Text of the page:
Meet the speakers and participants of our new in-depth programme
We’re happy to announce the full programme of IFFR Sessions, a five-day programme in collaboration with Witte de With Center for Contemporary Art in which a select group of curators, artists and writers take part in intimate discussions, with daily sessions led by an established artist in the field. Each session revolves around the theme 'Collectivity'.
With IFFR Sessions, the festival gathers a small group of early and mid-career professionals together for a series of in-depth presentations by leading artists in order to expand concepts around researching, producing, and presenting moving image art. The programme offers a way to experience the festival at a different pace, providing an immersion into the festival and the Rotterdam art scene while affording time to reflect and discuss ideas among a group of peers. The inclusive nature of the programme allows participants to network, engage in critical discussions, consider several overlapping aspects of art and cinema, and contend with complex questions – something that is sometimes difficult during a Q&A after a screening. “Festivals can be a chaotic experience where it’s often difficult to find time for reflection, let alone peers to reflect with. With IFFR Sessions, we hope to offer a moment in a busy festival schedule to debate and contemplate,” says IFFR programmer Julian Ross.
Speakers IFFR Sessions
Karrabing Film Collective
Karrabing Film Collective is an indigenous media group formed by approximately 30 members, most of whom are based in the Northern Territories of Australia. Initiated in 2008 as a form of grassroots activism, they approach filmmaking as a mode of self-organisation and a means of investigating contemporary social conditions of inequality. With their films and installations, the collective exposes the long shadow and different shapes cast by colonial power.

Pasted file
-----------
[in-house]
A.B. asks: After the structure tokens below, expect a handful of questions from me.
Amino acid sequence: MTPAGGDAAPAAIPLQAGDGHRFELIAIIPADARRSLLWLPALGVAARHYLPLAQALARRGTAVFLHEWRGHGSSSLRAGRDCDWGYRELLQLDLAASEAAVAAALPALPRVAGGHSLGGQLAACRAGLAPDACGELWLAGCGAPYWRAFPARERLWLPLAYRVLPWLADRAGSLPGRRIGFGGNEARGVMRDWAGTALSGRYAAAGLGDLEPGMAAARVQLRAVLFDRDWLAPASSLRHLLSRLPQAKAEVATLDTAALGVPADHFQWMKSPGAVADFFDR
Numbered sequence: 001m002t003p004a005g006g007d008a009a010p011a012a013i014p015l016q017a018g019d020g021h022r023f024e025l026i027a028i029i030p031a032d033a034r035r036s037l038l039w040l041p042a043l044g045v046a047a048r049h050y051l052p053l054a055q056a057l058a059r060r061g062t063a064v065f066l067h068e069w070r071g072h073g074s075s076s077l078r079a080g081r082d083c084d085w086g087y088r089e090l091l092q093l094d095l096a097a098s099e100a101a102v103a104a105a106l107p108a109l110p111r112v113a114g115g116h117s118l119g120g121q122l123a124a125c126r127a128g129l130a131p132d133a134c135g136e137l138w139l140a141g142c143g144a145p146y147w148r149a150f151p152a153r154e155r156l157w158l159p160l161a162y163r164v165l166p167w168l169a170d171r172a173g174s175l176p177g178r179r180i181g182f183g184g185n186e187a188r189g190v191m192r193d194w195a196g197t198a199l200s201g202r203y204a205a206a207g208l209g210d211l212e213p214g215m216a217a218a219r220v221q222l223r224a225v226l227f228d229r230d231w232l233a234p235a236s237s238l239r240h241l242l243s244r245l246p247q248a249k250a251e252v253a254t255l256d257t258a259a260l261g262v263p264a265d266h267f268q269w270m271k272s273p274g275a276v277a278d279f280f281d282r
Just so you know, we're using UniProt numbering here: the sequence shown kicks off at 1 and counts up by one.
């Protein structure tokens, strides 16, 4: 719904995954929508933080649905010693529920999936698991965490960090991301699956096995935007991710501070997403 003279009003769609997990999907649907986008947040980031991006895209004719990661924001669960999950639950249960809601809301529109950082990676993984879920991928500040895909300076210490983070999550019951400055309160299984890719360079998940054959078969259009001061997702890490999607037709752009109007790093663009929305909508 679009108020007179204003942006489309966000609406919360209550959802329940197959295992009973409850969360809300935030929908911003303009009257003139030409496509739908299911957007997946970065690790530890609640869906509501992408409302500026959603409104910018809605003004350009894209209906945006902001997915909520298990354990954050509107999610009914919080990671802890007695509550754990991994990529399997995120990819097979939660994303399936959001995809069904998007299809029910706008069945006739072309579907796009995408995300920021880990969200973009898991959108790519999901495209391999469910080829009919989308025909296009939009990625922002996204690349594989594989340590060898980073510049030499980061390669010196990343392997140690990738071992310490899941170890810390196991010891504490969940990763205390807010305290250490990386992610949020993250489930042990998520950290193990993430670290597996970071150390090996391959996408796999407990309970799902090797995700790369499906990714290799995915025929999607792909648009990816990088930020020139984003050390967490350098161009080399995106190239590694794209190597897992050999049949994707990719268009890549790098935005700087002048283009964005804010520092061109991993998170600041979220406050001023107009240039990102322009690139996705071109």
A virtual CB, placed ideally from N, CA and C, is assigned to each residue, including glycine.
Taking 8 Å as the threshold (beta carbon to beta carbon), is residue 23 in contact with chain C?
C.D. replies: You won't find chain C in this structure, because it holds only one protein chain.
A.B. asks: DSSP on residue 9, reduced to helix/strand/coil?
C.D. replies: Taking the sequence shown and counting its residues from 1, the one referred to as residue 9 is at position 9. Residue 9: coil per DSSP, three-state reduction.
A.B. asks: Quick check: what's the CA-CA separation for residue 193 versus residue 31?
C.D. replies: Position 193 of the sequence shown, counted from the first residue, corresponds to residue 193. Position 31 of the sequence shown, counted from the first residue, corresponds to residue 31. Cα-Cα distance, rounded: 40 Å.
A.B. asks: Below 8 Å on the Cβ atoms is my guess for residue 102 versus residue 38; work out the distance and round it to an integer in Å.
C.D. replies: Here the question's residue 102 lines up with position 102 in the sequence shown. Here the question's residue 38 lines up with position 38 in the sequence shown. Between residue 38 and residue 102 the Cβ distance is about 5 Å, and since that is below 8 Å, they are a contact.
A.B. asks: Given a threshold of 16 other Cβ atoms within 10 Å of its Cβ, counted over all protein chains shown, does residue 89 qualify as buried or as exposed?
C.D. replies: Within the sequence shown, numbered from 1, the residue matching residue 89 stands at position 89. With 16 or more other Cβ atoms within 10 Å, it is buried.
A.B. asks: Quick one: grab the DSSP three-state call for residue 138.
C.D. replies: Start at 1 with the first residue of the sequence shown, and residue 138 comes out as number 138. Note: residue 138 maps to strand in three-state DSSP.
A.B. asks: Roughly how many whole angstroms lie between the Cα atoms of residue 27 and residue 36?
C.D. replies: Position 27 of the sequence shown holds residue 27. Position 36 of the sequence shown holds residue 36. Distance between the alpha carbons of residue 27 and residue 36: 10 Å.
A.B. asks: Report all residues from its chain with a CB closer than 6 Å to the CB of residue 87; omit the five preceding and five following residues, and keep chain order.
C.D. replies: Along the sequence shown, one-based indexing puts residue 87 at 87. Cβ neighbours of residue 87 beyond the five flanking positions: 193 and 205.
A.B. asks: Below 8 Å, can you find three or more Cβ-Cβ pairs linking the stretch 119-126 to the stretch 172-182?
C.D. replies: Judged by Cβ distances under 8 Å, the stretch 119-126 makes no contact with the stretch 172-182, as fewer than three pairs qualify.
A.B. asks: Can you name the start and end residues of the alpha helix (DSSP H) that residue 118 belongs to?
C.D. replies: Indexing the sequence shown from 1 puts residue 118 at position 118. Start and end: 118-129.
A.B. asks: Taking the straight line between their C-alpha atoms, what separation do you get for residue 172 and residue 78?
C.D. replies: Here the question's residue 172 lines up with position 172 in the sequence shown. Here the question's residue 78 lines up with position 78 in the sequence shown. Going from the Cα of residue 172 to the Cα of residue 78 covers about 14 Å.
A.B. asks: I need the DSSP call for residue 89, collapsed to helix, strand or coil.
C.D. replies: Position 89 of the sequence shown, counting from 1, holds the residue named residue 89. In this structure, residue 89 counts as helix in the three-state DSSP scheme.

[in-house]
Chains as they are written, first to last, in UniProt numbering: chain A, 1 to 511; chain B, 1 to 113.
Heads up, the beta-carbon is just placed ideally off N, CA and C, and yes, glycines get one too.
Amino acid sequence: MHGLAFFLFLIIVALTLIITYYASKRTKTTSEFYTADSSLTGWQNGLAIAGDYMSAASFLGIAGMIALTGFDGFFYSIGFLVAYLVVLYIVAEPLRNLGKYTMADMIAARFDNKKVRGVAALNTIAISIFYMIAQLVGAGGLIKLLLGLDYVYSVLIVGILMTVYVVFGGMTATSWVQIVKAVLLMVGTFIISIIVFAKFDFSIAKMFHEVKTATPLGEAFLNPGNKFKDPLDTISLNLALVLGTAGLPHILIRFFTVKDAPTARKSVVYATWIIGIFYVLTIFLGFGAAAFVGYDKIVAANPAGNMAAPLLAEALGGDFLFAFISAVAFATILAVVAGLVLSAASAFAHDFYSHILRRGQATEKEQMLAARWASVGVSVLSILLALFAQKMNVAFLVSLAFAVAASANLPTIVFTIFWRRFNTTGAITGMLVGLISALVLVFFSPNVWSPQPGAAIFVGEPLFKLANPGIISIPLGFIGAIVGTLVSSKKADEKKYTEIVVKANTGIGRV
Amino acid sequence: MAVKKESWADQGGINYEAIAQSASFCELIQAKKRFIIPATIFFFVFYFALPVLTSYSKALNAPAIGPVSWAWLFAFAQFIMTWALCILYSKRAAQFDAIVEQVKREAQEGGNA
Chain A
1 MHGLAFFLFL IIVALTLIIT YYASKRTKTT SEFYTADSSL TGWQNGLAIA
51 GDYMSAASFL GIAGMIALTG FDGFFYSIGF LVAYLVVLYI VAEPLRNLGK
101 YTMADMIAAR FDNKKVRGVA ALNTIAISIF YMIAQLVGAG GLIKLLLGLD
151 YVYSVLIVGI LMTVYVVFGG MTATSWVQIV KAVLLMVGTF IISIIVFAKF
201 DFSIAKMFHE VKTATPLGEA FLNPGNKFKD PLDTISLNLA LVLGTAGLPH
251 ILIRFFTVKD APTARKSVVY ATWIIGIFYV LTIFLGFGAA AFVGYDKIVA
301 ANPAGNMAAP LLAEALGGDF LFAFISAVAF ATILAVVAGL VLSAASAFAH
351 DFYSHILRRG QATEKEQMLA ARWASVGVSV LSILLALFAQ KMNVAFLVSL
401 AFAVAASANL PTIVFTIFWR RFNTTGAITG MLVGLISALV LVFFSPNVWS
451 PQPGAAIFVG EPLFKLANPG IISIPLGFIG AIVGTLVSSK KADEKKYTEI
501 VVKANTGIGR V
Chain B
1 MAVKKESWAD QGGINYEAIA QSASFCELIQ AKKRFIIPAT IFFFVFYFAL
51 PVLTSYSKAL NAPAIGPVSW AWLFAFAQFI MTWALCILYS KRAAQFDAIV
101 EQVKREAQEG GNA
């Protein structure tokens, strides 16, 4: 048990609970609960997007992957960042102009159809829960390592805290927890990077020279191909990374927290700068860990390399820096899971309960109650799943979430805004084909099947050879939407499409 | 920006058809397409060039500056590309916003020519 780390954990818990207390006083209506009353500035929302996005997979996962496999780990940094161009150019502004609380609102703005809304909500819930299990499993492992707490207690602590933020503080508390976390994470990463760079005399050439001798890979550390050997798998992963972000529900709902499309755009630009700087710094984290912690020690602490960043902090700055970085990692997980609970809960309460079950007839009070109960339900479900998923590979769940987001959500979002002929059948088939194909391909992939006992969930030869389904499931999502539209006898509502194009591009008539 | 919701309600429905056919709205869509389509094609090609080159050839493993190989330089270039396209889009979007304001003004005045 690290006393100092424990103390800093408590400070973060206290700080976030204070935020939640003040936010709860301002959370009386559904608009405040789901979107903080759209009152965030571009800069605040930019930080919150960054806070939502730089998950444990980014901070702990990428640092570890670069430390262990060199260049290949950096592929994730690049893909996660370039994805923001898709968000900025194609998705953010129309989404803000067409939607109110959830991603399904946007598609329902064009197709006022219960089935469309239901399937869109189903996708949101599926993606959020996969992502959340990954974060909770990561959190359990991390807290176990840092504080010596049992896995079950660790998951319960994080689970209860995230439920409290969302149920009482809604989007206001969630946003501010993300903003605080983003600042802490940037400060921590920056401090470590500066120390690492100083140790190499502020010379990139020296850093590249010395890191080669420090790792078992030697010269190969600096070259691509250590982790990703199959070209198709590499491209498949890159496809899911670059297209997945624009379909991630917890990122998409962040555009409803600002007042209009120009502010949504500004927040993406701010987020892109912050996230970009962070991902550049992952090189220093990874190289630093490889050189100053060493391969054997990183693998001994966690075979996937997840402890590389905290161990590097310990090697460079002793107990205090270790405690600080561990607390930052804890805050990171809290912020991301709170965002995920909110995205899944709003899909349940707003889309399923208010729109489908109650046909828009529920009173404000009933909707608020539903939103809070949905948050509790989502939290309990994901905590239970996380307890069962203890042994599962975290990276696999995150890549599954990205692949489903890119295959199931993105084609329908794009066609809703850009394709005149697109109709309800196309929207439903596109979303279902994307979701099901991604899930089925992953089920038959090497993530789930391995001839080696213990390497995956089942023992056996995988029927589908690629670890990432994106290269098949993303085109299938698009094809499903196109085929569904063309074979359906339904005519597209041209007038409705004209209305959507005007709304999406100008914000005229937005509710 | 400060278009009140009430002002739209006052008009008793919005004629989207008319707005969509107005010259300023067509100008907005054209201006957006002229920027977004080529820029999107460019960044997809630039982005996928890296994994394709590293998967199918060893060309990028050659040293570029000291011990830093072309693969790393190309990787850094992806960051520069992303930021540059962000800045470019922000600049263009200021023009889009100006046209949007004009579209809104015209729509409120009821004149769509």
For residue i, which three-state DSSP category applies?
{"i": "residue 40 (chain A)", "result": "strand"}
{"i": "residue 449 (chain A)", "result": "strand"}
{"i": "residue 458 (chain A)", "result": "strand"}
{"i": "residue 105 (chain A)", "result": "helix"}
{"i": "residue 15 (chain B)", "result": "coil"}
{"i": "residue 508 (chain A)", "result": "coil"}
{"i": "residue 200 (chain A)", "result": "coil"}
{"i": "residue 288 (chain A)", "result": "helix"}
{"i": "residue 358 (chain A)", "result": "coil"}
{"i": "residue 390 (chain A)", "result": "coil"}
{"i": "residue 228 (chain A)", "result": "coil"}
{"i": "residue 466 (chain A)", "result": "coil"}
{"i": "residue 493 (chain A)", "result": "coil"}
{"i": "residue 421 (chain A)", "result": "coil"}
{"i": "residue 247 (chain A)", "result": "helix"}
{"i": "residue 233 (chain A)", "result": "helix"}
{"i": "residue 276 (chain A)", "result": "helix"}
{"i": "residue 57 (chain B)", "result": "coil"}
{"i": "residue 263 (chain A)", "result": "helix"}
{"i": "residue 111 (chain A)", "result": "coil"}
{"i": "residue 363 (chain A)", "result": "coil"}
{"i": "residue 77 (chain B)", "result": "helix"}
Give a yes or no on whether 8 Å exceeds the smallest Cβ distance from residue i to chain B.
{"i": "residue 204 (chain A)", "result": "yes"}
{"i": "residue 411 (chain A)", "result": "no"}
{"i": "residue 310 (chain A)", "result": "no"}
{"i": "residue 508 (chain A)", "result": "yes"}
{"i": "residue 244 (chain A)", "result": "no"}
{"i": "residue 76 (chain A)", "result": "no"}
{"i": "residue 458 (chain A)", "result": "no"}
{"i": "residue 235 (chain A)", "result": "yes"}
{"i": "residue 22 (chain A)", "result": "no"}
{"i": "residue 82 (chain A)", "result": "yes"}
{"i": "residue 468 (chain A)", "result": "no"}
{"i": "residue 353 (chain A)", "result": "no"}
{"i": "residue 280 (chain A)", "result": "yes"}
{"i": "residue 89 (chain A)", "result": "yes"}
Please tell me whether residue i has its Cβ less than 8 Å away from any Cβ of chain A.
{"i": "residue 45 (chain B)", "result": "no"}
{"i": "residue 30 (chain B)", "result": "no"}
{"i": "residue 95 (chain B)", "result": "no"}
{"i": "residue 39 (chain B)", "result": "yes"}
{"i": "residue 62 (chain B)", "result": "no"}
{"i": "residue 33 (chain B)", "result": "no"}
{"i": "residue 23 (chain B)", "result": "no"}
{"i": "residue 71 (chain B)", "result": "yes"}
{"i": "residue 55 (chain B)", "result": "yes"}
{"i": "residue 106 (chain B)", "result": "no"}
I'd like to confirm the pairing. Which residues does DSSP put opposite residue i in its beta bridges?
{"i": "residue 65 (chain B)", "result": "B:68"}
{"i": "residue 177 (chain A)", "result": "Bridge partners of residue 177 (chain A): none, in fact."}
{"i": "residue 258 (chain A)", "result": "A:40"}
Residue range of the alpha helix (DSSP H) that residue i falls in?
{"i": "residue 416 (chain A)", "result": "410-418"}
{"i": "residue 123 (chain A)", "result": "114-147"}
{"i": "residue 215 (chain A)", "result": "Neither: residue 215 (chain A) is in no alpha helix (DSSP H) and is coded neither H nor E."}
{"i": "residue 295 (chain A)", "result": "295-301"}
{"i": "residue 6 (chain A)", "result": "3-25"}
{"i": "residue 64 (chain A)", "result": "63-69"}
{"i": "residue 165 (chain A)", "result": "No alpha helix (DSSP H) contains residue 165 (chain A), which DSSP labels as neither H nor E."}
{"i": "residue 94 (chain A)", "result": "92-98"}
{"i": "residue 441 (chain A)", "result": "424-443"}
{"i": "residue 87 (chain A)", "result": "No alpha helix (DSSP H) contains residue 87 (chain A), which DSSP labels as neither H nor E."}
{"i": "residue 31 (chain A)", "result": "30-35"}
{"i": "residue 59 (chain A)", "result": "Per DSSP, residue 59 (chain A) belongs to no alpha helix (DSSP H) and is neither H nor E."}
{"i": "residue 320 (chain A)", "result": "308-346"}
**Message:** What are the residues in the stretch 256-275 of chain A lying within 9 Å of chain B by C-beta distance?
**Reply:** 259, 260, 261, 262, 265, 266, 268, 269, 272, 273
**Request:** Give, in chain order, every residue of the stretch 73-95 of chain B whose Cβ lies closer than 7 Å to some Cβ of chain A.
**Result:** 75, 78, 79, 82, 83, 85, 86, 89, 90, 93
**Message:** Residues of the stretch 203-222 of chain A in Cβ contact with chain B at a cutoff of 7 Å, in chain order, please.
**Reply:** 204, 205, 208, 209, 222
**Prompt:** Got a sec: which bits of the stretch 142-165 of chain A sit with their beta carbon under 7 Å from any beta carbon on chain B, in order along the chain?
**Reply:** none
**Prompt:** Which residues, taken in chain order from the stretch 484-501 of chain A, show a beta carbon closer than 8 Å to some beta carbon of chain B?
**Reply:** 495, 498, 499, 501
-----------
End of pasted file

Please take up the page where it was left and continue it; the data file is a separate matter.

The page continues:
Rojava Film Commune with Jonas Staal
The Kurdish collective Rojava Film Commune (founded in 2015) is a non-hierarchical collective that stimulates film education and film production in Rojava, northern Syria among the local population. In this way, film becomes a medium for depicting the experiences of Kurdish civilians. Dutch visual artist Jonas Staal (1981) was educated in monumental art in the Netherlands and the USA. He currently works as a PhD researcher on contemporary propaganda at Leiden University. His work includes interventions in public space, exhibitions, lectures, and publications, focusing on the relationship between art, politics, and ideology.
Hafiz Rancajale (1971, Indonesia) is an Indonesian artist, curator, filmmaker and co-founder of artists' initiative ruangrupa, a collective selected to curate the Documenta 15. He is also working as artistic director of OK.Video (Jakarta International Video Festival) and ARKIPEL (Jakarta International Documentary and Experimental Film Festival). In 2018, he presented a solo exhibition at the National Gallery of Indonesia titled Social Organism.
Eric Baudelaire (1973, USA) is a visual artist who lives and works in Paris. His body of work consists of videos, photographs, printmaking, and installations and focuses on the relationship between images and events, between fact and fiction. His work has been shown at film festivals in Toronto, Locarno, New York, Marseille, and Rotterdam, in the collections of Reina Sofia Museum in Madrid, MACBA in Barcelona, MoMA in New York and Centre Pompidou in Paris and he had a solo exhibition in Witte de With Center for Contemporary Art. In 2019, Baudelaire won the Prix Marcel Duchamp, the most prestigious art prize in France. His latest work Un film dramatique (2019) is screening in Deep Focus during IFFR 2020.
The Nest Collective
Nest Collective is a multi-disciplinary art collective from Nairobi. Since its inception in 2012, Nest Collective has worked on an oeuvre of films, music, fashion, visual arts and literature, such as the acclaimed queer film Stories of Our Lives, which has been shown in over 80 countries and received multiple awards. As part of the IFFR commissioned works project African Collectives, The Nest Collective made the short film Tapi!, which will have its world première at IFFR 2020.
IFFR Sessions will be moderated by curator and writer Rachael Rakes. She is currently Curator for Public Practice at BAK basis voor actuele kunst, an Editor at Large for Verso Books, and a Programmer at Large for the Film Society of Lincoln Center – where she co-curates the annual experimental nonfiction festival Art of the Real. IFFR Sessions is co-programmed by Rachael Rakes and IFFR programmers Peter van Hoof and Julian Ross.